The case concerned a May 10, 2016, wreck on the northbound interstate, where a man hired by a Toyota dealership was driving a truck in the fast lane, Cook said.
“The fellow was apparently not familiar with the fact that the dealership had moved from the last time he had been over here,” Cook said.
The driver then braked and made a U-turn through the grass median, according to the lawsuit.
“Thankfully, some folks on the southbound side got a description of his vehicle. … But for those Good Samaritans, we would have never known who had wrecked our client’s life,” Cook said.
Daniels, who was visiting family, had to brake to avoid striking the truck, leading to Daniels being rear-ended by another driver, according to the lawsuit.
Daniels suffered severe back pain and was immediately transported to Northeast Georgia Medical Center. He later had surgery for his back and neck while accruing more than $300,000 in medical expenses.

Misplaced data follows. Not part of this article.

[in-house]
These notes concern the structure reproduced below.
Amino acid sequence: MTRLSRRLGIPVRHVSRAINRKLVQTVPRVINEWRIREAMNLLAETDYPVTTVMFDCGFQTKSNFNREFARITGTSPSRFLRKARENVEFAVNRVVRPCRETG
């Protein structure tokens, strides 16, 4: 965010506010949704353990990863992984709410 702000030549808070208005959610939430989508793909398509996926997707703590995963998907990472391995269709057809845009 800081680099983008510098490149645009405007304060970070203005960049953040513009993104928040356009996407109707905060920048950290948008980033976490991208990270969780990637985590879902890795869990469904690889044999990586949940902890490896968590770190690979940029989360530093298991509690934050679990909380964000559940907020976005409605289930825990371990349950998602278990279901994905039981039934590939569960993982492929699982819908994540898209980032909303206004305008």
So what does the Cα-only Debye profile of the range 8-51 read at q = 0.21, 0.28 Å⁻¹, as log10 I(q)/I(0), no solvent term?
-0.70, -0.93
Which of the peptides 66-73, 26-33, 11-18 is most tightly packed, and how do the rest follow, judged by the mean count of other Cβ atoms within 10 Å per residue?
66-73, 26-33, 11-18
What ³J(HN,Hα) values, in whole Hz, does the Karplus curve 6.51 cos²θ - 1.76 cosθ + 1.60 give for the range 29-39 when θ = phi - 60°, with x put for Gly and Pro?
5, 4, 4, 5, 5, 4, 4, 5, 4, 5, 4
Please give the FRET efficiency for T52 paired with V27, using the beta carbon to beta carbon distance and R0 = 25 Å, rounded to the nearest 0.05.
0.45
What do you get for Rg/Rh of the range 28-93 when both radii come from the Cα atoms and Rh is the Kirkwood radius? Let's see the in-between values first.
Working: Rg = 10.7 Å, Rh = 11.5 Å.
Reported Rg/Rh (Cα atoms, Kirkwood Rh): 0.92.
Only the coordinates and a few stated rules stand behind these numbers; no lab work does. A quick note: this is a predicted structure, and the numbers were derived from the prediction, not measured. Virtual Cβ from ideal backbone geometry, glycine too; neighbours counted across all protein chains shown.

A lawsuit was filed against the other two drivers and the automotive group employing the truck driver.
Cook said a report from the hired medical expert had an error that made it appear Daniels was disabled before the wreck, which Cook said was corrected after he questioned the expert.
“I see this all the time: People have an injury imposed upon them through no fault of their own, then the insurance company wants to put you and your medical history on trial after they’ve upset your life,” Cook said.
Attorneys W. Allan Myers and April Rich, who were representing the other drivers and automotive group, did not immediately return a call for comment Wednesday, Sept. 23.